It lies tantalisingly out of reach behind a pane of glass: a small, unassuming piece of paper bearing some familiar words in a dark and compact script.
At Runnymede, at Runnymede,
What say the reeds at Runnymede?
The lissom reeds that give and take,
That bend so far, but never break.
They keep the sleepy Thames awake
With tales of John at Runnymede.
I’m at the British Library’s Magna Carta exhibition, captivated by a draft of Rudyard Kipling’s famous poem. Seeing the original manuscript of any literary work, with the crossings out, the revisions and the notes in the margins, has an interesting effect. We are so used to seeing poems and novels in their finished form that it’s sometimes easy to forget there’s an arduous creative process behind them. The work-in-progress version of Kipling’s poem shows just how he laboured to create the polished version we know today. On previous visits to the British Library and other exhibitions I’ve come across original manuscripts from a number of classic authors, from Austen to Dickens, and the differences between them are fascinating. I like to think the way in which an author presents their writings tells us something about them; are they neat or messy? Orderly or chaotic? Do long sections of their work flow from the pen uninterrupted or are they constantly chopping, changing and reworking their ideas? There’s also an element of hero-worship of course (Jane Austen touched that piece of paper!) but more than anything else, seeing a manuscript turns something that has become another part of our popular literary culture back into the example of human inspiration and endeavour that was its genesis. I do wonder how subsequent generations are going to experience the artistic origins of works that will be the classics of the future. Somehow a USB stick containing the first draft of a literary masterpiece doesn’t have the same romance about it…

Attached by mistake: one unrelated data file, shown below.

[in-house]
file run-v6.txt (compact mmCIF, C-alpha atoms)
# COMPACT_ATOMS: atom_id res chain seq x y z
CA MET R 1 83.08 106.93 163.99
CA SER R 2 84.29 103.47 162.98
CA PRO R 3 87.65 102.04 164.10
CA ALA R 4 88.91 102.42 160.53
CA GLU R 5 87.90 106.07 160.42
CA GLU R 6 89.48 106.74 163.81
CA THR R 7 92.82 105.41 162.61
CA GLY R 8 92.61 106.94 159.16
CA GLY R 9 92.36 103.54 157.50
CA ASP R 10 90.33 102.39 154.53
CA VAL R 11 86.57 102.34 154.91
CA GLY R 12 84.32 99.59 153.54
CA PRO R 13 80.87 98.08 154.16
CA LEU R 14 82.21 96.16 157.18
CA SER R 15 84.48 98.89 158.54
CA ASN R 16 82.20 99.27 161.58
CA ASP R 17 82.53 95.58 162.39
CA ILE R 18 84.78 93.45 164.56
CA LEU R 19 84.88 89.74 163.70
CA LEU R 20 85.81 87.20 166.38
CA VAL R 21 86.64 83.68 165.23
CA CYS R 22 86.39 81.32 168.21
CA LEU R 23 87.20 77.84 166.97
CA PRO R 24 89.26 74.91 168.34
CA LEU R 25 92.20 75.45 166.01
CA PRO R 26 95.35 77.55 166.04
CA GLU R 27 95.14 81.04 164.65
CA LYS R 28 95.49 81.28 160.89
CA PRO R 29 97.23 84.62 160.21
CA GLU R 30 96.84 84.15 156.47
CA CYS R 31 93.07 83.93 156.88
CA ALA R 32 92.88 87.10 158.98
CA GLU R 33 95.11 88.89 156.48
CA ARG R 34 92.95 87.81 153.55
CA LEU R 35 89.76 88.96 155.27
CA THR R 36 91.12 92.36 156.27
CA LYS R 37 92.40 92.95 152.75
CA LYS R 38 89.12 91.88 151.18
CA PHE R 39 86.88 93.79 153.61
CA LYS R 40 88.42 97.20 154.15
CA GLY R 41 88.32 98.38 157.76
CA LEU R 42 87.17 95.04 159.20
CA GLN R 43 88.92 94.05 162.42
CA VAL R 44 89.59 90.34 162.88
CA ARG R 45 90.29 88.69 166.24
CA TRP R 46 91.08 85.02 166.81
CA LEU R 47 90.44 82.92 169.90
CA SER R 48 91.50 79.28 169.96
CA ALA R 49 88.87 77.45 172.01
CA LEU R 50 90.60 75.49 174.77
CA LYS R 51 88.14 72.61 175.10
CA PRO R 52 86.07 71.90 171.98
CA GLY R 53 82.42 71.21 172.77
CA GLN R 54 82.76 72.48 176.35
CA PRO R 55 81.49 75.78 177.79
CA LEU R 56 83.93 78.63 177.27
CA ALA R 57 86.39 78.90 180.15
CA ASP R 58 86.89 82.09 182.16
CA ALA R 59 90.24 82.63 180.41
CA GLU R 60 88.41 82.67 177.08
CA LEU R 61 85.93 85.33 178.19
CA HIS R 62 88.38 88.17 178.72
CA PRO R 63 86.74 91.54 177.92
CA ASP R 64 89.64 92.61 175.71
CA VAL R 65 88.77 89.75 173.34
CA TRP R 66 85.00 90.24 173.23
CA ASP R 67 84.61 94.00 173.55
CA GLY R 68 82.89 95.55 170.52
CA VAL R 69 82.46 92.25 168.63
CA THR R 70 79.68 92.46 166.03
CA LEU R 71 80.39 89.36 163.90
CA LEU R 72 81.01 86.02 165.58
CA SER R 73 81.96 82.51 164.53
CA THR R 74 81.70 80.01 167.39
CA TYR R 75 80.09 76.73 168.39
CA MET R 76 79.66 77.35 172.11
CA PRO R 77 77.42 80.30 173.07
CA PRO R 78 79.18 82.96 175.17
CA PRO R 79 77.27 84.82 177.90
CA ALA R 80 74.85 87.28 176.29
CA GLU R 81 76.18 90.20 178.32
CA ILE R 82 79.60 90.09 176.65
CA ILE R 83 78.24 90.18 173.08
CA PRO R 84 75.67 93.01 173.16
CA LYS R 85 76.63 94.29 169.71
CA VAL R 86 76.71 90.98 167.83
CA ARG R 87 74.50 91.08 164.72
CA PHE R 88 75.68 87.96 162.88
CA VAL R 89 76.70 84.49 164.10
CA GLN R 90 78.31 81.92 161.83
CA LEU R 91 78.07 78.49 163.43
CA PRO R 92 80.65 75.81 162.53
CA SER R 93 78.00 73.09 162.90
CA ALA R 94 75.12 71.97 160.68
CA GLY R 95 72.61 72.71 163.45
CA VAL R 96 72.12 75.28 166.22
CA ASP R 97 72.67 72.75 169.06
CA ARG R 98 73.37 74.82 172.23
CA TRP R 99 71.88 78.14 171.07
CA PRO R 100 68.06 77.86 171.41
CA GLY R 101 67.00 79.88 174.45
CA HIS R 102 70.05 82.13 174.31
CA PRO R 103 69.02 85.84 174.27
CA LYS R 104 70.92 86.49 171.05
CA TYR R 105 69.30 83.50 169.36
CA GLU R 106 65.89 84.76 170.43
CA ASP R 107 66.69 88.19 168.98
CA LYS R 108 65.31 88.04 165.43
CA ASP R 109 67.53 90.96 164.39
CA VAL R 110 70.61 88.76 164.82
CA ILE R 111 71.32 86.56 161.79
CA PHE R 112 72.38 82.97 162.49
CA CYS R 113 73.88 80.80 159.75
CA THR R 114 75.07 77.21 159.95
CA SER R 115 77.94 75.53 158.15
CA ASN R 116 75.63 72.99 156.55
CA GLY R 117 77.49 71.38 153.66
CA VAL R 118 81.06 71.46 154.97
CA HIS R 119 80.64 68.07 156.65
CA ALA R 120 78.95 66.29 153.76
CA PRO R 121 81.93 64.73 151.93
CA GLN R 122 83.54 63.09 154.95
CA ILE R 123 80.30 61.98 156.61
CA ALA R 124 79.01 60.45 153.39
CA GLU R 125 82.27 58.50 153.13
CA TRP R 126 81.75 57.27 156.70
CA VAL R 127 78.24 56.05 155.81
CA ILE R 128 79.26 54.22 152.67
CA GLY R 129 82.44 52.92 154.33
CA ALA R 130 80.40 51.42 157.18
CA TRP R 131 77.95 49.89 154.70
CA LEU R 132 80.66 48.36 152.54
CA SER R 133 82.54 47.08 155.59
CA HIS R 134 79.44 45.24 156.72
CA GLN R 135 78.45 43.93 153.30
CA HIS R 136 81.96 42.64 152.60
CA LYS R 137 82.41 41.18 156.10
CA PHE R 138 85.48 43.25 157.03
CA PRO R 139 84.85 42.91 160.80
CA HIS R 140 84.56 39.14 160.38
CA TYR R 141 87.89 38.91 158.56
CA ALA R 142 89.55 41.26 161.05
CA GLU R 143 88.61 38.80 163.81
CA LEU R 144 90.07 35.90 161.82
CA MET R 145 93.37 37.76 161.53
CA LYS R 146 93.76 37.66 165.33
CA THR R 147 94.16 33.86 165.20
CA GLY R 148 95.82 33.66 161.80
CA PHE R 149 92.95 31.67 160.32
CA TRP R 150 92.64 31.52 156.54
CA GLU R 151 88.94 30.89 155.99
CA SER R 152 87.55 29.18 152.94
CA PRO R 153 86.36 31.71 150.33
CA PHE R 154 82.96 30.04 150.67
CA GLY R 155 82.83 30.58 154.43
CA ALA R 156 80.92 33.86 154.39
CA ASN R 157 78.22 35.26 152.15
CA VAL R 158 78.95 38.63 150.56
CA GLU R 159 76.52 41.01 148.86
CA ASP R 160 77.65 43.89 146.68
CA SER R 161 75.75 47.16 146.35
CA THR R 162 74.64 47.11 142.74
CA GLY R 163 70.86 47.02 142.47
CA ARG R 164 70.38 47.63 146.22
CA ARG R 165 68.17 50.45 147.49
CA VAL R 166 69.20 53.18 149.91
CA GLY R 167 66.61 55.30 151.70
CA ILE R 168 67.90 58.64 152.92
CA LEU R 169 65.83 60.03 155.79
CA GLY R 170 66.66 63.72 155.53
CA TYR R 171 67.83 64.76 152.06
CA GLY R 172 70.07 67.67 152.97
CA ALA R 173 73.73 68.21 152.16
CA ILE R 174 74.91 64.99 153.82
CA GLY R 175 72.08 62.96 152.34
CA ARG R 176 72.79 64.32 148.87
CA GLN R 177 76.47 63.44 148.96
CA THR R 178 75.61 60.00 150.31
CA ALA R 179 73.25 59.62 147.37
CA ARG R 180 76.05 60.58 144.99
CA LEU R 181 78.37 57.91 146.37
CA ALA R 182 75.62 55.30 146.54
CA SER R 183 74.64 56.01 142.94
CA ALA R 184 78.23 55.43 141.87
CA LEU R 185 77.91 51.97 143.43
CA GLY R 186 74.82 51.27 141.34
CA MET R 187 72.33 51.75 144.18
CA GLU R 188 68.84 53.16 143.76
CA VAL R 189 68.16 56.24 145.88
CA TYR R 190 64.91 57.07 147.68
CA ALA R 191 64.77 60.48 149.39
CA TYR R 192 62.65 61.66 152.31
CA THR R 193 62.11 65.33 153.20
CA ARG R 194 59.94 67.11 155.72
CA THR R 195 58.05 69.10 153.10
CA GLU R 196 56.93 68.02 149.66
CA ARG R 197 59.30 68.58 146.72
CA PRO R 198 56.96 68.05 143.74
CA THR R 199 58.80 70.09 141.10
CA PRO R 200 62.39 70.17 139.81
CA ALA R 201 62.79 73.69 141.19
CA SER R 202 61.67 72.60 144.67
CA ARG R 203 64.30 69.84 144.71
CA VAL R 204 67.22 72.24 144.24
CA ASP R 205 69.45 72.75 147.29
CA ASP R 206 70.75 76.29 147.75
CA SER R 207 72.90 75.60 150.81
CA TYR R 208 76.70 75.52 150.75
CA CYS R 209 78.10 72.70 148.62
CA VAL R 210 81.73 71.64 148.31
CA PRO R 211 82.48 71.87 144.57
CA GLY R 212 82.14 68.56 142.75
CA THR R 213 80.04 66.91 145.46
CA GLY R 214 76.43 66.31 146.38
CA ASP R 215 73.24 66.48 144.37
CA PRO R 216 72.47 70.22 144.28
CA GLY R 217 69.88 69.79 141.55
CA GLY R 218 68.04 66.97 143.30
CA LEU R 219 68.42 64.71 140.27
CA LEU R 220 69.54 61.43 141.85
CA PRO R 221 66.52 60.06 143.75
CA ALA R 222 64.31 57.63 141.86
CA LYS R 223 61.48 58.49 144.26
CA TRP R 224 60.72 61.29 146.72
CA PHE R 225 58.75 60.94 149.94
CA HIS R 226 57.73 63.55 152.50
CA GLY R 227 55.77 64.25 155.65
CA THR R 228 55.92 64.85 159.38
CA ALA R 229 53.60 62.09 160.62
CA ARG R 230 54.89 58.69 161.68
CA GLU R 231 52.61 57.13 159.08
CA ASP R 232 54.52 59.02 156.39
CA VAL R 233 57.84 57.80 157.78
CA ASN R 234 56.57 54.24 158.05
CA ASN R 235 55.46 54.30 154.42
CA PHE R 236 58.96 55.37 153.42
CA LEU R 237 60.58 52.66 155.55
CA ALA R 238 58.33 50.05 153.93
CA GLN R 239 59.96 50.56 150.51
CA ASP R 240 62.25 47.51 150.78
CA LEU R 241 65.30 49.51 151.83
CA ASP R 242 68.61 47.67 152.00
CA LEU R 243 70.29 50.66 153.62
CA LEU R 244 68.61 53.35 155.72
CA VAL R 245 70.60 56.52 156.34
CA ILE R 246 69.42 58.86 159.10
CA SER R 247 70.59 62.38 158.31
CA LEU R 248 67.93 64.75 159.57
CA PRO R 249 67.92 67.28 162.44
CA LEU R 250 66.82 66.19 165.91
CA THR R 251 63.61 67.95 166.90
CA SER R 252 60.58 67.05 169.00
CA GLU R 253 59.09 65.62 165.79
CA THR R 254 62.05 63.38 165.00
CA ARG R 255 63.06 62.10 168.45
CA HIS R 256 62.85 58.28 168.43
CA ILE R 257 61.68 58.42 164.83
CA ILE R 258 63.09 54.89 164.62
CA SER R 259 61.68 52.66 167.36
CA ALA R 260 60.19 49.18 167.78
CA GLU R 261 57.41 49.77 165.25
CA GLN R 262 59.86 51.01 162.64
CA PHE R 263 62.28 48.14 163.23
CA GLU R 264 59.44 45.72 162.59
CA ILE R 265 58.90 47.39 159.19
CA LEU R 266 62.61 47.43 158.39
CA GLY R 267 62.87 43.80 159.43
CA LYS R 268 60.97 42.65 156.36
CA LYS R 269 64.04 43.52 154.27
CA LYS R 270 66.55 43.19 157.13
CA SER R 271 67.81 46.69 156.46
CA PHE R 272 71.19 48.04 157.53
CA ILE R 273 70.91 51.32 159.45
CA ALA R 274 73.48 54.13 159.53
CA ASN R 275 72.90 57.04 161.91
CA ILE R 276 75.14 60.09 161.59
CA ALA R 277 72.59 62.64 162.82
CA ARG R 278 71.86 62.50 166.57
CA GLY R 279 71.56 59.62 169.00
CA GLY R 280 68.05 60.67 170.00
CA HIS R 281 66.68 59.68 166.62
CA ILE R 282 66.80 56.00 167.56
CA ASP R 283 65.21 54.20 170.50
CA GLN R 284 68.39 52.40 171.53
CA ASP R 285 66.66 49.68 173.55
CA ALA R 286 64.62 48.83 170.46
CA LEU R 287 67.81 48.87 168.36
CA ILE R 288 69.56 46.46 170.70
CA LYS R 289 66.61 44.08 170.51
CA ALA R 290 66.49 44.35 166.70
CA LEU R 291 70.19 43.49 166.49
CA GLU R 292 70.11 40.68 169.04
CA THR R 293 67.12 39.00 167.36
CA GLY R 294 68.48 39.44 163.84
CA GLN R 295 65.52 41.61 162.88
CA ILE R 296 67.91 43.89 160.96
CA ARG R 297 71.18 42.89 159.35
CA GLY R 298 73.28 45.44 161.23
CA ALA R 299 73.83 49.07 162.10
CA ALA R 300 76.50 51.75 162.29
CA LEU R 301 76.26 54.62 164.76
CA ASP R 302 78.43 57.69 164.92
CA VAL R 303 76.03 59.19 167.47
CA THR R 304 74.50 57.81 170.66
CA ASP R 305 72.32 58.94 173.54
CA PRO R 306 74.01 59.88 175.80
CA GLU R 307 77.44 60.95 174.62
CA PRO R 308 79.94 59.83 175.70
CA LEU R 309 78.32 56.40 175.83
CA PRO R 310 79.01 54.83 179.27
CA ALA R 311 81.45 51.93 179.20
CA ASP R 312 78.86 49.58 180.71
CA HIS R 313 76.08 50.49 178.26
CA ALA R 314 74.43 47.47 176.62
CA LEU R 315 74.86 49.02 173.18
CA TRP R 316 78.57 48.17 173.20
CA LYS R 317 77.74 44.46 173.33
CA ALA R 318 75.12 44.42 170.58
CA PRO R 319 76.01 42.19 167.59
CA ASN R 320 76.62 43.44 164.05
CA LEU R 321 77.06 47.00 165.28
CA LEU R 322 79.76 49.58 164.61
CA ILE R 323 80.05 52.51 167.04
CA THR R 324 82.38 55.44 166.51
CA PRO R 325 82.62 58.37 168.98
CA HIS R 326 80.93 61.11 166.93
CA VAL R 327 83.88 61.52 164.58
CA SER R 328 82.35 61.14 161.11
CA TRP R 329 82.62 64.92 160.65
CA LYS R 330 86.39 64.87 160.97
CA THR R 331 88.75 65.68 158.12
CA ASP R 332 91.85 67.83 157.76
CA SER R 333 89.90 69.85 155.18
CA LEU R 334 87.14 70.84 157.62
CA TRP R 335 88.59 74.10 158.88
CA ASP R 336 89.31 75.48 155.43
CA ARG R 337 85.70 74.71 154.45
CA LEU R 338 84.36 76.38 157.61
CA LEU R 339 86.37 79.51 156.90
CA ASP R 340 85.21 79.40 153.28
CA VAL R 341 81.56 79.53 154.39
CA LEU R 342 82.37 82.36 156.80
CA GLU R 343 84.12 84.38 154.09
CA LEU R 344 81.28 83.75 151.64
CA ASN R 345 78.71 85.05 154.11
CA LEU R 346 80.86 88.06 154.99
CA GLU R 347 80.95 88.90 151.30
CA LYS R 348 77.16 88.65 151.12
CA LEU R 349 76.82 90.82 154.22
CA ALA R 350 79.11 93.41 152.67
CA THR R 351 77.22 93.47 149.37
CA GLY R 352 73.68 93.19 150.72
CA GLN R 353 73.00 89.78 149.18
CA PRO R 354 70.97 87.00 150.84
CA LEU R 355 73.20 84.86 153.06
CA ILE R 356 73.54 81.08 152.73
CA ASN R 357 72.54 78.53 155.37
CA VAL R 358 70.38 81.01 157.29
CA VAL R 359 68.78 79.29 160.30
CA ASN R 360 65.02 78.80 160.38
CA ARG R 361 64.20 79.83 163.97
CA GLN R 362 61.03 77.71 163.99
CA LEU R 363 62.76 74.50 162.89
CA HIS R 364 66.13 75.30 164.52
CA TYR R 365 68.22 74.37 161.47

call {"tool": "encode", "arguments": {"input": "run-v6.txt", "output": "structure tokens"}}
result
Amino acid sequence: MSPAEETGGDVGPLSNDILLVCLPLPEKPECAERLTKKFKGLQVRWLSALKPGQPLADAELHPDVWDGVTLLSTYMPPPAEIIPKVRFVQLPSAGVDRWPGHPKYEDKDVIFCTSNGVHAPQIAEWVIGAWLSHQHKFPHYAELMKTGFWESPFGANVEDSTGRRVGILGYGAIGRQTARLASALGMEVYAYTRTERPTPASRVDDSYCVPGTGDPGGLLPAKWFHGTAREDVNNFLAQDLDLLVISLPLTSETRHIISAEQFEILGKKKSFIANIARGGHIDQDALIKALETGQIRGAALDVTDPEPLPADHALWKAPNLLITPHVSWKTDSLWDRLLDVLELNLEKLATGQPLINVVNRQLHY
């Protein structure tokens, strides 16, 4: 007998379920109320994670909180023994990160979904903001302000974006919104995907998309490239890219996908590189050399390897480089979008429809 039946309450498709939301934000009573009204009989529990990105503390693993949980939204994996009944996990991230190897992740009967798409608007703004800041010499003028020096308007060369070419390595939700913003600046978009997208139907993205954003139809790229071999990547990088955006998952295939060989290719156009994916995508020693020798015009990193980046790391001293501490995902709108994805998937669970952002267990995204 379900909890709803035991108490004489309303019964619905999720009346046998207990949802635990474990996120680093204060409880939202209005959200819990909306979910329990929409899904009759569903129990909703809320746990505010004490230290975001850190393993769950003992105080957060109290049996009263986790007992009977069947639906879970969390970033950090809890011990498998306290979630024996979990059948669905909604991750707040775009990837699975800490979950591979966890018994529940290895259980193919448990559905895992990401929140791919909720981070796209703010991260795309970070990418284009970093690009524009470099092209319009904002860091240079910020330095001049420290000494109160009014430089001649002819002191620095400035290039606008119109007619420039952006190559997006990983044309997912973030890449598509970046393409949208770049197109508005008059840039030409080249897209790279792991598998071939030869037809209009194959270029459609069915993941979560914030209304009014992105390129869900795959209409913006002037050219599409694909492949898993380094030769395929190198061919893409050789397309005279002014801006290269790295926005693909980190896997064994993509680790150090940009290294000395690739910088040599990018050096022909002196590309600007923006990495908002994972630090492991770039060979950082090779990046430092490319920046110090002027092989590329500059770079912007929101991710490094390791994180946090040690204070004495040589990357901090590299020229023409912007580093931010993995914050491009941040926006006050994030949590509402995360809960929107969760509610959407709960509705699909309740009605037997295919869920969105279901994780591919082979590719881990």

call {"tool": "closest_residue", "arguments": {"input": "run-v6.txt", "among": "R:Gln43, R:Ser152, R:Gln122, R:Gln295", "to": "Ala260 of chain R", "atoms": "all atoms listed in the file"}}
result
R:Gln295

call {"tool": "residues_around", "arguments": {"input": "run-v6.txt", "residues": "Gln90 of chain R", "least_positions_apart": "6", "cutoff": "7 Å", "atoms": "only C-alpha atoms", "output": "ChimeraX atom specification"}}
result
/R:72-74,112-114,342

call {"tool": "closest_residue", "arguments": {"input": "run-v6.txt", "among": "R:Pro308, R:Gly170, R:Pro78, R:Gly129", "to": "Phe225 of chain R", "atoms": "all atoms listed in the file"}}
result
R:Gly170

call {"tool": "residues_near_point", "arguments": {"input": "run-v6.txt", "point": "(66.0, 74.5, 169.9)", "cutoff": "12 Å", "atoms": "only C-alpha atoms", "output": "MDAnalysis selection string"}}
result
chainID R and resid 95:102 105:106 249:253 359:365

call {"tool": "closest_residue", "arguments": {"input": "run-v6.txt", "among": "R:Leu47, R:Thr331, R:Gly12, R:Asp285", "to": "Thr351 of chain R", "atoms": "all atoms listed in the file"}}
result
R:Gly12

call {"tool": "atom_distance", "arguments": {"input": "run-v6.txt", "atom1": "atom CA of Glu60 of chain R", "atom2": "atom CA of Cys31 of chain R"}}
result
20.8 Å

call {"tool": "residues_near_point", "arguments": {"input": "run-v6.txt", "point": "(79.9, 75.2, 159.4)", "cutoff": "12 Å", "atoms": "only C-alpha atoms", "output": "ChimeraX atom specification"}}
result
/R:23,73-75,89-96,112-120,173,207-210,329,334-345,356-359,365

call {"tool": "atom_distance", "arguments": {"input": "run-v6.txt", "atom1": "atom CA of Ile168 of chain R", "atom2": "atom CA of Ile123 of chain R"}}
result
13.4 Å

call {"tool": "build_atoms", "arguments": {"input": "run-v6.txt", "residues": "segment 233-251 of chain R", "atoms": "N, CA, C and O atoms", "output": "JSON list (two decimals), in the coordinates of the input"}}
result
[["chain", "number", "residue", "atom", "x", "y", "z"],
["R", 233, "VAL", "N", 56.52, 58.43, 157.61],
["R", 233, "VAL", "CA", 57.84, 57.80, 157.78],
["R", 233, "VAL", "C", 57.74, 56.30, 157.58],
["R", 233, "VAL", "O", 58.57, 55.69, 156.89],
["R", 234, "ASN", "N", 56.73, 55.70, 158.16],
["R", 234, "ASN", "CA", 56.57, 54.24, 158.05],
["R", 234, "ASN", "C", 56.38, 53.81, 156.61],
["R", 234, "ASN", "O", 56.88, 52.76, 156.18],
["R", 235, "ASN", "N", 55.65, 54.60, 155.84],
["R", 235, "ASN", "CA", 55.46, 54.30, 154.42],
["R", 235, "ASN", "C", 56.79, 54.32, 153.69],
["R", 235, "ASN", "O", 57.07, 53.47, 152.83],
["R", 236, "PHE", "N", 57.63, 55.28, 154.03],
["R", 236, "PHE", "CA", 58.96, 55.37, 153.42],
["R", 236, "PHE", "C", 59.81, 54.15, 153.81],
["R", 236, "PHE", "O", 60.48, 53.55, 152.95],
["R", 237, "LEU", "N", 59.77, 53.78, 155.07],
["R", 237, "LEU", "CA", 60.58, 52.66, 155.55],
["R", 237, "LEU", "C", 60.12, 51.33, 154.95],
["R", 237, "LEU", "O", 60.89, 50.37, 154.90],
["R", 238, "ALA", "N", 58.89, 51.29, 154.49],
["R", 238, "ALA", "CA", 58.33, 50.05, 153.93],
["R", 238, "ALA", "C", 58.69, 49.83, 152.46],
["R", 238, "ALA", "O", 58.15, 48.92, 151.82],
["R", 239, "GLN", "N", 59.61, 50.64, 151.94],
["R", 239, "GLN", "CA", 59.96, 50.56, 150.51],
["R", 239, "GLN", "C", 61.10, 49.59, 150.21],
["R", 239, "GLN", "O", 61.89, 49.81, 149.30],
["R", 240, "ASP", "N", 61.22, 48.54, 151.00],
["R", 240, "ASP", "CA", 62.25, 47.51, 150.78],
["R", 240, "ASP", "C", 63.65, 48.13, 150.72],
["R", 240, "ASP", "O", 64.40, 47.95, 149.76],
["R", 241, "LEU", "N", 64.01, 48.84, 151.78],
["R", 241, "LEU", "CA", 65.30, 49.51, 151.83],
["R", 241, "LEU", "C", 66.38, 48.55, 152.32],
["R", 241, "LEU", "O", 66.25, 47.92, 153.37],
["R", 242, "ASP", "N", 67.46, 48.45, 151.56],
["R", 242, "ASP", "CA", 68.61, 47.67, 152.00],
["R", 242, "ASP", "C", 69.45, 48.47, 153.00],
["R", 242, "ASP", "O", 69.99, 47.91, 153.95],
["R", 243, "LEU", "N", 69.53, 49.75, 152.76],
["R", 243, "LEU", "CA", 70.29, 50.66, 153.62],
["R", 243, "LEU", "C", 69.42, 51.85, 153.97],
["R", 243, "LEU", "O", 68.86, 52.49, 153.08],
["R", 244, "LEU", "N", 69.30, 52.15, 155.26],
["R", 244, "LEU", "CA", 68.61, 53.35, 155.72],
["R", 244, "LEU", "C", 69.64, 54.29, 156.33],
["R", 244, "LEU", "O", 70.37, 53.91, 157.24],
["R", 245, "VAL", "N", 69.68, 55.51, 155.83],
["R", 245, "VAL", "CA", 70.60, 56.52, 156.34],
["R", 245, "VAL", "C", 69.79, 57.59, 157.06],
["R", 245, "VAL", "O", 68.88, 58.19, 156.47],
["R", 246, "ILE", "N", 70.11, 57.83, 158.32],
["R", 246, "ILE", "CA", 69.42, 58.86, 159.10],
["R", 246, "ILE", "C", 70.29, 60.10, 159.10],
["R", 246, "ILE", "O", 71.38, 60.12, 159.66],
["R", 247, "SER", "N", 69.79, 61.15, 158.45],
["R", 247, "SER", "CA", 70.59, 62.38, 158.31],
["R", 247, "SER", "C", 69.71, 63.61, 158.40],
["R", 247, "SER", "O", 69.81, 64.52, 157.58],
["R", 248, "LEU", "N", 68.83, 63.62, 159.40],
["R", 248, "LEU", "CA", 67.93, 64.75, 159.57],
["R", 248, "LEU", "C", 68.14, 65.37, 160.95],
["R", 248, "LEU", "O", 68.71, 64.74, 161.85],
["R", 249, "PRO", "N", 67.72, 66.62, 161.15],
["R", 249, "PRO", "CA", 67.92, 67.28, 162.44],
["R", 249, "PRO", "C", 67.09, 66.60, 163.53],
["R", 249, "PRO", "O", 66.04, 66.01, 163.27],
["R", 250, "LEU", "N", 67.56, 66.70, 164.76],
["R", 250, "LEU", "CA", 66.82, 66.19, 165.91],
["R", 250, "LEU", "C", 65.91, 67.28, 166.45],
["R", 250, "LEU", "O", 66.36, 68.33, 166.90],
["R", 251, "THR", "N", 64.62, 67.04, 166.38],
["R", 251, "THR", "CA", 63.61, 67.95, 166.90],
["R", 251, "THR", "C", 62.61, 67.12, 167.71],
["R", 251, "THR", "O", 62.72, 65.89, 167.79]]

As a final note on today’s blog, if you’re a bookworm or history buff and haven’t yet been to the British Library, then go,go,go! An hour or so in a darkened room in the company of some of literature’s greatest figures is hard to beat.